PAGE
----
"I consider, men of Aetolia, that the facts themselves demonstrate that neither King Ptolemy nor Rhodes nor Byzantium nor Chios nor Mytilene make light of coming to terms with you. For this is not the first or the second time that we make proposals to you for peace, but from the date at which you opened hostilities we have never ceased to mention the matter to you, entreating you to entertain it and availing ourselves gladly of every occasion, having before our eyes the ruin brought by the war on yourselves and the Macedonians, and taking thought for the future safety of our own countries and the rest of Greece. For, as with fire, once we have set the fuel alight the consequences are not at our discretion, but it spreads wherever chance directs it, guided chiefly by the wind and by the rapidity with which the fuel it feeds on is consumed, often strangely enough turning on very man who lit it, so it is with war. Once it has been kindled by anyone, at times it destroys in the first place its authors and at times advances blindly, bringing unmerited destruction on everything it meets with, ever revived and ever blown anew into a blaze, as if by winds, by the folly of those who come near it. Therefore, men of Aetolia, we beg you, as if the whole of the islanders and all the Greeks who inhabit Asia Minor were present here and were entreating you to put a stop to the war and decide for peace—for the matter concerns them as much as ourselves—to come to your senses and relent and agree to our request. Now if it so chanced that you were engaged in a war, unprofitable indeed, as every war for the most part is, but glorious in the motive of its inception and in the splendour of its us, you might perhaps be pardoned for acting for ambitious motives. But if it is a war most shameful and full of dishonour and reproach, does not the situation call for much hesitation? We will state our opinion frankly, and you, if you are wise, will listen to it calmly. For it is far better to be reproached and saved in time, than to listen to pleasant words and a little after be ruined yourselves and to ruin the rest of the Greeks.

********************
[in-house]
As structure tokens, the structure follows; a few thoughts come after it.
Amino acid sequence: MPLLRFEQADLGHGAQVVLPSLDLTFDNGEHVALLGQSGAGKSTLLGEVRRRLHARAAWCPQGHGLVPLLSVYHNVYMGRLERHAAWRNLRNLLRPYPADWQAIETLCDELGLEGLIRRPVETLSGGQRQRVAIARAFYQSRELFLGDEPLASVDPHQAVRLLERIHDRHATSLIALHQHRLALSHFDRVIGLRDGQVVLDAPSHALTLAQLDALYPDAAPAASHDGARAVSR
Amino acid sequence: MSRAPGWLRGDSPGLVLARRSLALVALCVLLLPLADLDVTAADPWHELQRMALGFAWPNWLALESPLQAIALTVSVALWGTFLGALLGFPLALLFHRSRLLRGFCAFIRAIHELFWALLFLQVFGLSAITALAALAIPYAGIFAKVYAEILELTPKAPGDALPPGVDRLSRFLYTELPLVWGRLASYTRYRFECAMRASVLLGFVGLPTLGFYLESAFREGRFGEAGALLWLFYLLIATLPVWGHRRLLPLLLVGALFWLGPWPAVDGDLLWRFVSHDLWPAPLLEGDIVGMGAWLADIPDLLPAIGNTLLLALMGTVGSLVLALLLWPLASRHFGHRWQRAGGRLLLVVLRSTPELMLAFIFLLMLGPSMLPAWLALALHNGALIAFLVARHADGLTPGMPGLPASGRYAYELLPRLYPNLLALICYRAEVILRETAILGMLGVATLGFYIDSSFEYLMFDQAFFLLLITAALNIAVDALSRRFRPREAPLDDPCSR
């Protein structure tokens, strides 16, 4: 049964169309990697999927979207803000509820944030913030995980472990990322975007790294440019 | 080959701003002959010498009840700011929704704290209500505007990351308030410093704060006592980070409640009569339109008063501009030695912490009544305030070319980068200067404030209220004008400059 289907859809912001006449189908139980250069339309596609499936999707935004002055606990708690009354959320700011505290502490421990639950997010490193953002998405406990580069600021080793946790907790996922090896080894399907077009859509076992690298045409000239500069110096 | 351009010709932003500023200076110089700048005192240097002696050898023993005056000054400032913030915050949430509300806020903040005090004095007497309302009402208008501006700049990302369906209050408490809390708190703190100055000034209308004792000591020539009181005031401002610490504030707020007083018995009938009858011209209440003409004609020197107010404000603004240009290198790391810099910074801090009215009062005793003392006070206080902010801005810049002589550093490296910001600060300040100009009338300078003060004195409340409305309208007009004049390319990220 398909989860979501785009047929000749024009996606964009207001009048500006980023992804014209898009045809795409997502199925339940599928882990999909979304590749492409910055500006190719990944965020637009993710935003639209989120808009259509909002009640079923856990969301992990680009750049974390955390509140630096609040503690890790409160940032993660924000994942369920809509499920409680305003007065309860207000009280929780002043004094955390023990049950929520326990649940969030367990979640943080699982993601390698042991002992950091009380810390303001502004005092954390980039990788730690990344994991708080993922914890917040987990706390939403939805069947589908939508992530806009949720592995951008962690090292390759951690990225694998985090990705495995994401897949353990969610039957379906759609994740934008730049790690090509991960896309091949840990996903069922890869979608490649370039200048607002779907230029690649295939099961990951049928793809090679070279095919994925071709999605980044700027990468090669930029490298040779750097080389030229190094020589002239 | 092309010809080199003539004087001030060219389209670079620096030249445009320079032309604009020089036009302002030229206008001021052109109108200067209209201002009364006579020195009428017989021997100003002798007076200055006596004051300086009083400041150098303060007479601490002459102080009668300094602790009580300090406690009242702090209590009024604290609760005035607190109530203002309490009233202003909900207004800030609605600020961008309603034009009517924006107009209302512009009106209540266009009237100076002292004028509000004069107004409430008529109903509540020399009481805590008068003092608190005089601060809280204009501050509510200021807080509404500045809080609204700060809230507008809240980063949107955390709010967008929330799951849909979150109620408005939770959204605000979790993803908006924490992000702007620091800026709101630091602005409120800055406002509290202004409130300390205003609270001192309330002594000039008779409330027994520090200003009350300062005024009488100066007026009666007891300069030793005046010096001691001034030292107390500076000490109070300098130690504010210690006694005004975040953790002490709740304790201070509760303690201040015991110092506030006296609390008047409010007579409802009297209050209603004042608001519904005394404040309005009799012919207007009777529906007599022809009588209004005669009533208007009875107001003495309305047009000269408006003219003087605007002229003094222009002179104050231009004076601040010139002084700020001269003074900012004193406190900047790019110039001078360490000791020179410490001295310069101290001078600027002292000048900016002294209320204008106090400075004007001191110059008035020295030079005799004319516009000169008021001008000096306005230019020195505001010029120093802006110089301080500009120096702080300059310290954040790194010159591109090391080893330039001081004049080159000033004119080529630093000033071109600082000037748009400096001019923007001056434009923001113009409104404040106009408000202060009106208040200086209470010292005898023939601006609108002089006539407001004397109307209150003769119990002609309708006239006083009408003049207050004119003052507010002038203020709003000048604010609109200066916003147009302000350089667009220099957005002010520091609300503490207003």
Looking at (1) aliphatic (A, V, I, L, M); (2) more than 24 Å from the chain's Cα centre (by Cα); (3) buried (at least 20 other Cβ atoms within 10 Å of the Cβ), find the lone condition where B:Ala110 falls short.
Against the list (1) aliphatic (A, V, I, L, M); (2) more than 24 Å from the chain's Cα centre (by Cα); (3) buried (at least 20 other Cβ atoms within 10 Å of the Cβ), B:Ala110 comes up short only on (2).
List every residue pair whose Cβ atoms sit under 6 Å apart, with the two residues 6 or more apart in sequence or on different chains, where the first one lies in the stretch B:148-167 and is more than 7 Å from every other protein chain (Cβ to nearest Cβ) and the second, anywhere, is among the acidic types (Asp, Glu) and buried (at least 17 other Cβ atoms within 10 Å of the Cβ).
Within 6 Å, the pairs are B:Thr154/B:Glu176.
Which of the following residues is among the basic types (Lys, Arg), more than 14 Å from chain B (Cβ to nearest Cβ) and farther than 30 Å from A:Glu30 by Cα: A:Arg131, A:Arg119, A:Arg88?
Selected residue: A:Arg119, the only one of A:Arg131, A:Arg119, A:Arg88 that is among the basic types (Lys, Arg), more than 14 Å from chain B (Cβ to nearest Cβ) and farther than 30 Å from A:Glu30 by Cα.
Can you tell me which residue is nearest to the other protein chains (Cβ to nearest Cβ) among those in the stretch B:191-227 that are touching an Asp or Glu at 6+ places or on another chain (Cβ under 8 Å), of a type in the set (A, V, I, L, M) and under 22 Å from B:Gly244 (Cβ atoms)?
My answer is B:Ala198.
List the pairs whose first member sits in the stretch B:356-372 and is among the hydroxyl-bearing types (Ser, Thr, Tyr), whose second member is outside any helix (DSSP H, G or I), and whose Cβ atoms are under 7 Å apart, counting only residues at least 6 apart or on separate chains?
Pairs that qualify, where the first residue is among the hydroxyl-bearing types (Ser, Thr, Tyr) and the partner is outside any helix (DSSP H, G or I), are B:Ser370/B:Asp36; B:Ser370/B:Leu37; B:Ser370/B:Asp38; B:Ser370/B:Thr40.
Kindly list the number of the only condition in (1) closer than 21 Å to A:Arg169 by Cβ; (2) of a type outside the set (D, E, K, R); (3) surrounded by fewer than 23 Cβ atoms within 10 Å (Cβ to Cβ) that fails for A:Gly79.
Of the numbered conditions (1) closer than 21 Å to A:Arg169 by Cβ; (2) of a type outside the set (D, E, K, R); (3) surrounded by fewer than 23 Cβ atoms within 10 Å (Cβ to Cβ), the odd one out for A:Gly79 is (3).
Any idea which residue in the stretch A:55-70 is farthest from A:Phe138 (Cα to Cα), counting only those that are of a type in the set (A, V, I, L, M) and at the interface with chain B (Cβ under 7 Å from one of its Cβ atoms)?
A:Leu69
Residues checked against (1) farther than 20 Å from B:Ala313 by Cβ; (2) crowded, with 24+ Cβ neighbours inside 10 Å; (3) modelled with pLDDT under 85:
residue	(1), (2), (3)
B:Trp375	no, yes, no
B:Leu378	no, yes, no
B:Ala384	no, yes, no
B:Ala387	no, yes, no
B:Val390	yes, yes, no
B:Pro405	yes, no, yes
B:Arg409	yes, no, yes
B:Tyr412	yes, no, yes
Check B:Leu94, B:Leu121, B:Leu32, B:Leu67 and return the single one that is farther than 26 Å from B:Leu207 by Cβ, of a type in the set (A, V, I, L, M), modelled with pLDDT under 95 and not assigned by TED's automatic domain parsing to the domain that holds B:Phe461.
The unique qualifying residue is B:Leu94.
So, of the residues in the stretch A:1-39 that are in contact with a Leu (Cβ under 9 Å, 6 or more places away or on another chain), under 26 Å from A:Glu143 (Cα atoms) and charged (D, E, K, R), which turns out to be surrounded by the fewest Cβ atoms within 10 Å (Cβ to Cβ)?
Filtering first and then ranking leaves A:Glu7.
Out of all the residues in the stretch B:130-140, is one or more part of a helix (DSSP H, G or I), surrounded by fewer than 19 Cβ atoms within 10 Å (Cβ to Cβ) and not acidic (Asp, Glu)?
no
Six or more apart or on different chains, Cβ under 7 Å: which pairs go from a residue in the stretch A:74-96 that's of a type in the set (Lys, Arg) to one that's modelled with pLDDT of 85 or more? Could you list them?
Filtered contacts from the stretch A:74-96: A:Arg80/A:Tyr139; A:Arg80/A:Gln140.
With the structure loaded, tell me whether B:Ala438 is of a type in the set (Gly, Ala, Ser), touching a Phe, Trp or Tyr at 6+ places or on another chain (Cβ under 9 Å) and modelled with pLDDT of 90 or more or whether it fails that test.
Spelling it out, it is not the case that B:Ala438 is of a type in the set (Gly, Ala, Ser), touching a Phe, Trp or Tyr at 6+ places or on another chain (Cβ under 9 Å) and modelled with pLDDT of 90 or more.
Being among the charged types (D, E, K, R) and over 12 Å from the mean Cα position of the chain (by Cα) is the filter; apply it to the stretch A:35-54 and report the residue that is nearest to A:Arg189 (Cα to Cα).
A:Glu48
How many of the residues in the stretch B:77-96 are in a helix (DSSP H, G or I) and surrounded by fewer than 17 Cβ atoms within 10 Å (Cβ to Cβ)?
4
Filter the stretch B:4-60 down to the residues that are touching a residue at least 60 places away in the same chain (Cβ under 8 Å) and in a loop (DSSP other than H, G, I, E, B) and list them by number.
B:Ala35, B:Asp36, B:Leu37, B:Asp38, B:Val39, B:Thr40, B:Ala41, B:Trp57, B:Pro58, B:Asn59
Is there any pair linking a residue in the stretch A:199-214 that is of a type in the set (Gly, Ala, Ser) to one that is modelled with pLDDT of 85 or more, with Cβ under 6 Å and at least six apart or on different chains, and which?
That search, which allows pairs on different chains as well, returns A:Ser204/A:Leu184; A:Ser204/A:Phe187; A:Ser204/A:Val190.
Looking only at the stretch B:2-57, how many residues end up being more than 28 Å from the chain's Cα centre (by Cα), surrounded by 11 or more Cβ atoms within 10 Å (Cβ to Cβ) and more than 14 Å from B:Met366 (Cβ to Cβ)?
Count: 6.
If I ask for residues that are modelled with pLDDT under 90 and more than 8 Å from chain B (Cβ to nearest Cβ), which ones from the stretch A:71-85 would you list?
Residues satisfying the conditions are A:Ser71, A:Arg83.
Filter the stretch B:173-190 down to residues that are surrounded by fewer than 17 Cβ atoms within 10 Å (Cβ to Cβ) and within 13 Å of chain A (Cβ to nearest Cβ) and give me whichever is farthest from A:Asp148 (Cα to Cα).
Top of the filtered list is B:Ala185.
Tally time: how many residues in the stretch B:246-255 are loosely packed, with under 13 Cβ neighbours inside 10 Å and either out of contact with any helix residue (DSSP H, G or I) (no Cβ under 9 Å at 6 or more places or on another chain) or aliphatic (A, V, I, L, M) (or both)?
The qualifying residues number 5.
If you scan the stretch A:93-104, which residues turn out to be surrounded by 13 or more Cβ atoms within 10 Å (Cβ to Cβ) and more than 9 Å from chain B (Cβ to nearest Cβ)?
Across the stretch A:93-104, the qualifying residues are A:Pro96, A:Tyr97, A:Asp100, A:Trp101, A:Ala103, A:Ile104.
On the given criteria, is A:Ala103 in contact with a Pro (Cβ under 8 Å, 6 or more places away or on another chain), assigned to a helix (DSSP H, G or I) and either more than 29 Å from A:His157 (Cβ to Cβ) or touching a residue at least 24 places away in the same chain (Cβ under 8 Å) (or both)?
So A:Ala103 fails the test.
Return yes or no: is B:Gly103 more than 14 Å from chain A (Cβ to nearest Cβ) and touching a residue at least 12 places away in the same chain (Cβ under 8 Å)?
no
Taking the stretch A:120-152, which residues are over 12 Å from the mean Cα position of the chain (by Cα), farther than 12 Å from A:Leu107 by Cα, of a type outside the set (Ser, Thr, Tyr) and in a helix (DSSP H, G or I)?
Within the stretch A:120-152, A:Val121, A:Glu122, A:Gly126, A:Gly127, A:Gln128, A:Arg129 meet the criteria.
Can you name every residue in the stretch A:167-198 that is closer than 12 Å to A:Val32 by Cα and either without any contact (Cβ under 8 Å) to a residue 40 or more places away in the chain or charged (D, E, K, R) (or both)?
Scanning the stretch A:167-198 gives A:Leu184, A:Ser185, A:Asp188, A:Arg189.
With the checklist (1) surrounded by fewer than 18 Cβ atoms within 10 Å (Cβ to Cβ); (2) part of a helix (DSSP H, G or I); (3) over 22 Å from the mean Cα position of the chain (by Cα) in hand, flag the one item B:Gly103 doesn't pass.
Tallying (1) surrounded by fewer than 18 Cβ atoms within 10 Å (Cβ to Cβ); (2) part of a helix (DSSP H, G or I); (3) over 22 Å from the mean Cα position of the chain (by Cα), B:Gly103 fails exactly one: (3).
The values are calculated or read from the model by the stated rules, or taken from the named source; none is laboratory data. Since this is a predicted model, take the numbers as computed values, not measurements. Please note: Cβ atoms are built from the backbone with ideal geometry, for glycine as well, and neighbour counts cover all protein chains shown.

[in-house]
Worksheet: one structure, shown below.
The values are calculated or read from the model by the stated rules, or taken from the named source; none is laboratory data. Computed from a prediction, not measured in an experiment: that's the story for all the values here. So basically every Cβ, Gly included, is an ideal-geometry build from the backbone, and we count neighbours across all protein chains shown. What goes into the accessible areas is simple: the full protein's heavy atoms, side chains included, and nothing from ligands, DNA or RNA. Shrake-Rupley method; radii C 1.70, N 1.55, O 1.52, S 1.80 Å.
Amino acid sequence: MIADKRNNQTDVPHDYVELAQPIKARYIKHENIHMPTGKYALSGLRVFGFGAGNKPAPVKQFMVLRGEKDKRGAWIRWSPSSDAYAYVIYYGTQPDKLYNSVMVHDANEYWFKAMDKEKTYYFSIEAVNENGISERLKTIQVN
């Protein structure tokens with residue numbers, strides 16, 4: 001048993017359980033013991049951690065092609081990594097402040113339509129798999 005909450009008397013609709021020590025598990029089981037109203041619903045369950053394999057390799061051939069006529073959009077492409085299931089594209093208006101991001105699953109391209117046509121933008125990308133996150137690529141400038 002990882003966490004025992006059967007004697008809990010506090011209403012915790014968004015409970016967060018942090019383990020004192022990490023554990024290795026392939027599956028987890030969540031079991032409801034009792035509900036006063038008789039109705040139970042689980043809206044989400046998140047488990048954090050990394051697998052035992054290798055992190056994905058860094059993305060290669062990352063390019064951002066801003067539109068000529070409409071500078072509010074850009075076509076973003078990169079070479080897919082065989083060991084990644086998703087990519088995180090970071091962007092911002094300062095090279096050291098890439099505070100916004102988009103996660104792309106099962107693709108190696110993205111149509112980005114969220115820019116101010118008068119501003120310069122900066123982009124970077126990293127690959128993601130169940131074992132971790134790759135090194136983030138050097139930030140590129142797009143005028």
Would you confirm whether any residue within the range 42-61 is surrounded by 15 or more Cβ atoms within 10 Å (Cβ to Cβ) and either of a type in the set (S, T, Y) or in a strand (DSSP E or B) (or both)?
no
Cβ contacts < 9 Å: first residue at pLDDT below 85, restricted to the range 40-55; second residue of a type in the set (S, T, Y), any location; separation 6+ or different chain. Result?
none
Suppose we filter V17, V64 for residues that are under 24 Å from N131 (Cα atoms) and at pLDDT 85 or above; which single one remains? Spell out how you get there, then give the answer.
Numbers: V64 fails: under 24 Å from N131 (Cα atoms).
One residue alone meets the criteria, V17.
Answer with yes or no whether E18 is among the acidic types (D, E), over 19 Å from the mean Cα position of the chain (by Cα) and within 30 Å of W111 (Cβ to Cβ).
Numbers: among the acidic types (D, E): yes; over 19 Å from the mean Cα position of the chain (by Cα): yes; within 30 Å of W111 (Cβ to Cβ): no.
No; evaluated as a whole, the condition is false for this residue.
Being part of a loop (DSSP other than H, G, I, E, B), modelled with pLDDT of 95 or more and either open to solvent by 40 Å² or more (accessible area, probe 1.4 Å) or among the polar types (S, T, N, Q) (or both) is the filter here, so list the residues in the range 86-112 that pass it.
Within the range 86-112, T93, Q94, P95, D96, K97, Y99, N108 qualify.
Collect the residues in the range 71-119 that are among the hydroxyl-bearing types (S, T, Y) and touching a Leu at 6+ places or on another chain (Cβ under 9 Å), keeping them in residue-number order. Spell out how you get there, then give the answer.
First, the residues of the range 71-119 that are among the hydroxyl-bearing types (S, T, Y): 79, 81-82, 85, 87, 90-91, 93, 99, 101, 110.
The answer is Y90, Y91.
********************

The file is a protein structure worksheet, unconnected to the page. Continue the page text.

"Consider, then, the errors you have committed. You say that you are fighting with Philip for the sake of the Greeks, that they may be delivered and may refuse to obey his commands; but as a fact you are fighting for the enslavement and ruin of Greece. This is the story your treaty with the Romans tells, a treaty formerly existing merely in writing, but now seen to be carried out in actual fact. Previously the words of the treaty alone involved you in disgrace, but now when it is put to action this becomes evident to the eyes of all. Philip, then, is but the nominal pretext of the war; he is in no kind of danger; but as he has for allies most of the Peloponnesians, the Boeotians, the Euboeans, the Phocians, the Locrians, the Thessalians, and Epirots, you made the treaty against them all, the terms being that their persons and personal property should belong to the Romans and their cities and lands to the Aetolians. Did you capture a city yourselves you would not allow yourselves to outrage freemen or to burn their towns, which you regard as a cruel proceeding and barbarous; but have made a treaty by which you have given up to the barbarians the rest of the Greeks to be exposed to atrocious outrage and violence. This was not formerly understood, but now the case of the people of Oreum and that of the unhappy Aeginetans have exposed you to all, Fortune having of set purpose as it were mounted your infatuation on the stage. Such was the beginning of this war, such are already its consequences, and what must we expect its end to be, if all falls out entirely as you wish? Surely the beginning of terrible disaster to all the Greeks. For it is only too evident, I think, that the Romans if they get the war in Italy off their hands—and this will be very shortly, as Hannibal is now confined in quite a small district of Bruttium—will next throw themselves with their whole strength on Grecian lands on the pretext that they are helping the Aetolians against Philip, but really with the intention of conquering the whole country. Should the Romans, when they have subjected us, determine to treat us kindly, the credit and thanks will be theirs; but if they treat us ill it is they who will acquire the spoil of those they destroy and sovereignty over the survivors, and you will then call the gods to witness when neither any god will be still willing, nor any man still able to help you.